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Praveen Seshadri
 |  August 16, 2017

AppsheetCustomerDefinition.pngThis is part of the AppSheet Manifesto series about the beliefs and principles that form the basis of the AppSheet platform. The manifesto has three major customer-centric assertions: a) about the technology, b) about the product, and c) about the business. This article is about the second assertiona tiny startup team starts from scratch and rapidly builds a broad app platform for tens of thousands of customers. We have done this by adopting a somewhat surprising principle.

Our customers are our team. And here is what we mean by customers in the AppSheet dictionary.

Background: product development methodology

Before starting AppSheet, I spent more than 12 years at Microsoft in various engineering management roles. My co-founders also have significant experience at large software companies. As it turned out, much of what we learnt with that experience had to be un-learnt as we built AppSheet. Here's why. There are two broad models for product development.

One model sayswe know the market, we know who the customers are, we know the requirements, we can build a better solution than the current state of the art, and we'll convince customers to try it and then buy it. This is the traditional model.

The other model sayswe don't really the know the market, the customers or their requirements. We just have a vague idea. We cannot build a better solution when we do not know the problem accurately. All we can build is the raw outline of a solution. We have to put it in front of customers, learn from them, and iterate fast. This is generally called the "lean" model of product development.

Our philosophy took lean development one step further. We believed we could not really convince anyone to try what we built. Customers are smart, busy, and constantly fending off dozens of vendors hawking their products. Our potential customers have to actually want to try it themselves. We cannot find customers: they have to choose us!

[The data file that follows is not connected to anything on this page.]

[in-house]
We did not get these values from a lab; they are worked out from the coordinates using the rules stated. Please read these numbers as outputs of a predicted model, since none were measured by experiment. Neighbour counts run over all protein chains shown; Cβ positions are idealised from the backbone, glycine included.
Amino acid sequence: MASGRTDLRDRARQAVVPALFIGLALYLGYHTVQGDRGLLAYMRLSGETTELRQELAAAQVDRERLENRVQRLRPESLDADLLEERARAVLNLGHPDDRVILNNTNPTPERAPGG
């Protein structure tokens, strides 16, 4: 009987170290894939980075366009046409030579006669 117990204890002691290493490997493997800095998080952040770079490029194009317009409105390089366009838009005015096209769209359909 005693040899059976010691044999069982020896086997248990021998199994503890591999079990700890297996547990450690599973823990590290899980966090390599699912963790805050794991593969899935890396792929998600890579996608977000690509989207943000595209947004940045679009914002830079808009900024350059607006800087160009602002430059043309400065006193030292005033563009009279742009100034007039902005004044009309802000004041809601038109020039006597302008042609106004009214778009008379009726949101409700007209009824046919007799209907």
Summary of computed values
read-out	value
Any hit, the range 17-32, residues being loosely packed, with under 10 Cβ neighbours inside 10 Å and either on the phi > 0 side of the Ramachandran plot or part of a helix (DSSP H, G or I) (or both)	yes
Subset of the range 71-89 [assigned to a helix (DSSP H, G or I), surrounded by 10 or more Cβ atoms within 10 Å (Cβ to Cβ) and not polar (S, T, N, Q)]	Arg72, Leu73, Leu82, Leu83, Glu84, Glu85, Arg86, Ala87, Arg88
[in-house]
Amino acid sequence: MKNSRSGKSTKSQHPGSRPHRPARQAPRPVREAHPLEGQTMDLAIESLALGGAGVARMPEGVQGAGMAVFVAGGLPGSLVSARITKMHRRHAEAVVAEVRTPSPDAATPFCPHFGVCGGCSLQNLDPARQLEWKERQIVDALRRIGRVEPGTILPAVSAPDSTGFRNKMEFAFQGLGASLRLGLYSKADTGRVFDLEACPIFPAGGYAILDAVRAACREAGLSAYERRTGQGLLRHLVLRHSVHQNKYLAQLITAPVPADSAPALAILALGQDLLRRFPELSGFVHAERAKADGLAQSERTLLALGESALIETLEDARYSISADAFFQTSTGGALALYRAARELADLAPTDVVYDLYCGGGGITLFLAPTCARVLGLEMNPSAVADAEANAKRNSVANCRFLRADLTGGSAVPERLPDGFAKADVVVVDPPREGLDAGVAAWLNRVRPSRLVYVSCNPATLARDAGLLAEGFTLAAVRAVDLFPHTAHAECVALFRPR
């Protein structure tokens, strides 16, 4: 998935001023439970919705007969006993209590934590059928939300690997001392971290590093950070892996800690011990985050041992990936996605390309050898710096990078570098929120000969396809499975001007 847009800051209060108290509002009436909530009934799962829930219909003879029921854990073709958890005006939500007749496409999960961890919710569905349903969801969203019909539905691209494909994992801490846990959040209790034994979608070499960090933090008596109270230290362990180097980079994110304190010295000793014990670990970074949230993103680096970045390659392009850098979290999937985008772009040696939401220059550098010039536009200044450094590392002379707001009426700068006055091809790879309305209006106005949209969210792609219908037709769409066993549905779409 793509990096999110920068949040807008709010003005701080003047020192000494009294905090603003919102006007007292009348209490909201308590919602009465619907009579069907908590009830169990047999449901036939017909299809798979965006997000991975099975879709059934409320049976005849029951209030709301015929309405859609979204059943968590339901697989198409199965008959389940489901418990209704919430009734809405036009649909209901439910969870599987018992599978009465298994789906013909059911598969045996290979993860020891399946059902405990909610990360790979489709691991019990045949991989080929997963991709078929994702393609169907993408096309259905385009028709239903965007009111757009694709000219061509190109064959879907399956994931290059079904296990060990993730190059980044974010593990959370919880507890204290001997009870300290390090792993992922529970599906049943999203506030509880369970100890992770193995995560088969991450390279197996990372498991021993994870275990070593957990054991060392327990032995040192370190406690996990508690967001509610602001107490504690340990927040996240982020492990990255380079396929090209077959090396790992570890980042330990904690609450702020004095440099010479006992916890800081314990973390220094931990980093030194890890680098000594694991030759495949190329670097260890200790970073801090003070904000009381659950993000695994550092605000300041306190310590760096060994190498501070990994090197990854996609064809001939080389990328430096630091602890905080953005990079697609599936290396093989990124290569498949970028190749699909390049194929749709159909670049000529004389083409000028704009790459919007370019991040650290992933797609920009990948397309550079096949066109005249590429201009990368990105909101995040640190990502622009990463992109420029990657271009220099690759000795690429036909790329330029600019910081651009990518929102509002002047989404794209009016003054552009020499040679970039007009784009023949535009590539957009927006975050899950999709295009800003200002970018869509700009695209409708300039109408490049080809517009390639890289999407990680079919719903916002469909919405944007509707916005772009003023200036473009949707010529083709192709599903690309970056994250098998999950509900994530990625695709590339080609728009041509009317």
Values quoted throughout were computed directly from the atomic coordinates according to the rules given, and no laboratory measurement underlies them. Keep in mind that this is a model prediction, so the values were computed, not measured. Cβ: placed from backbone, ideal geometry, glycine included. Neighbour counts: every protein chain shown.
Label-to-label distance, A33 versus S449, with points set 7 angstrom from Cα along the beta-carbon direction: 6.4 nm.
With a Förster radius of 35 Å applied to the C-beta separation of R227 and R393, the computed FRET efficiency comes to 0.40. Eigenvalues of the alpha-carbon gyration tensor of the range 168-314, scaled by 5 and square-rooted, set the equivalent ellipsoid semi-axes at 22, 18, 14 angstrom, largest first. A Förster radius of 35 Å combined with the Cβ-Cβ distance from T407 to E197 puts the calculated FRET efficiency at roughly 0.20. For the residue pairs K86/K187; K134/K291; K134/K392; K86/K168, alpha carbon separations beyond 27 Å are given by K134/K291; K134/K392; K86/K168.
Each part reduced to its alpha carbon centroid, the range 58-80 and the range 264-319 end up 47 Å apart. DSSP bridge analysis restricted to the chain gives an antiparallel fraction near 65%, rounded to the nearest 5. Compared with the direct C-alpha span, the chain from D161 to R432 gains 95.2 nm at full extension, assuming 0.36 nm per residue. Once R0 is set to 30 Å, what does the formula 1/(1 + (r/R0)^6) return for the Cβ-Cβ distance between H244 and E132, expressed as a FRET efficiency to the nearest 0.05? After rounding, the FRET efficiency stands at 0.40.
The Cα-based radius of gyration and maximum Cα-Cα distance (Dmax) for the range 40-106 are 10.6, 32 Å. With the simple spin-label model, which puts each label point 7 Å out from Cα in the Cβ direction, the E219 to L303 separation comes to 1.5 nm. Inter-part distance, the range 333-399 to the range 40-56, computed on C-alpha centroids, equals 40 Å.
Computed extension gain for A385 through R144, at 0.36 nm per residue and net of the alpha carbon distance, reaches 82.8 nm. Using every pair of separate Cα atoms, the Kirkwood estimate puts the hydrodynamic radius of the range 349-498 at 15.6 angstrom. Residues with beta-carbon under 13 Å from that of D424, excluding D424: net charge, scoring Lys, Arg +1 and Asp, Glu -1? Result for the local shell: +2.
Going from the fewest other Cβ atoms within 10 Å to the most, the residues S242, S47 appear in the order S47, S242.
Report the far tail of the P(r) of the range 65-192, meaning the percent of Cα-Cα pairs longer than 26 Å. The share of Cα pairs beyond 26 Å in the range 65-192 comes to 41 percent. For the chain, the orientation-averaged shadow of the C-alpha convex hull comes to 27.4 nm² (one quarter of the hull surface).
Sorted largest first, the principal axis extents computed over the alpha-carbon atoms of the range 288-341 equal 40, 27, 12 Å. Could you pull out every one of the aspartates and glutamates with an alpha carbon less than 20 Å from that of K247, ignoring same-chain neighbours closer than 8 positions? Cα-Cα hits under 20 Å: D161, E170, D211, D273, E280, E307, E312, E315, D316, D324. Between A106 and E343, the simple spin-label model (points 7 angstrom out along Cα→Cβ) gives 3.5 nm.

"The wand chooses the wizard, Mr. Potter" 


When a new person joins our company, I usually ask them a month or two into their tenure to try to personally acquire one customer. Convince one human being to use our product! It turns out to be difficult to do and particularly so in the early days of the product.

So why does a customer adopt an early and primitive product? It isn't because it solves a short-term problem. It is because it shows the promise and the potential to be molded into something that can really deliver value.

The wand chooses the wizardthe customer chooses to invest their time, energy, enthusiasm and commitment in the product. The customer who does this is an innovator in their environment, a risk-taker, an idealist. The customer is willing to pursue an idea that may have a low probability of success. The customer has "magic" and our product is only a vehicle for that magic to express itself.

So the crucial step in product development is to put ourselves in the neighborhood of these magic innovative customers and hope they will choose us. That's what we did by placing an add-on into the Google Sheets add-on store. The add-on simply said "Build mobile apps from your spreadsheet". And amazingly, we started to see a small but steady stream of customers trying our early product.

Now the next question iswhat do we do with these customers when our early product is missing many important features, inefficient, and generally embarassing? The answer: listen to every word they say, and find ways to reach out to them to hear what they have to say. Because what they say sets the roadmap for the product.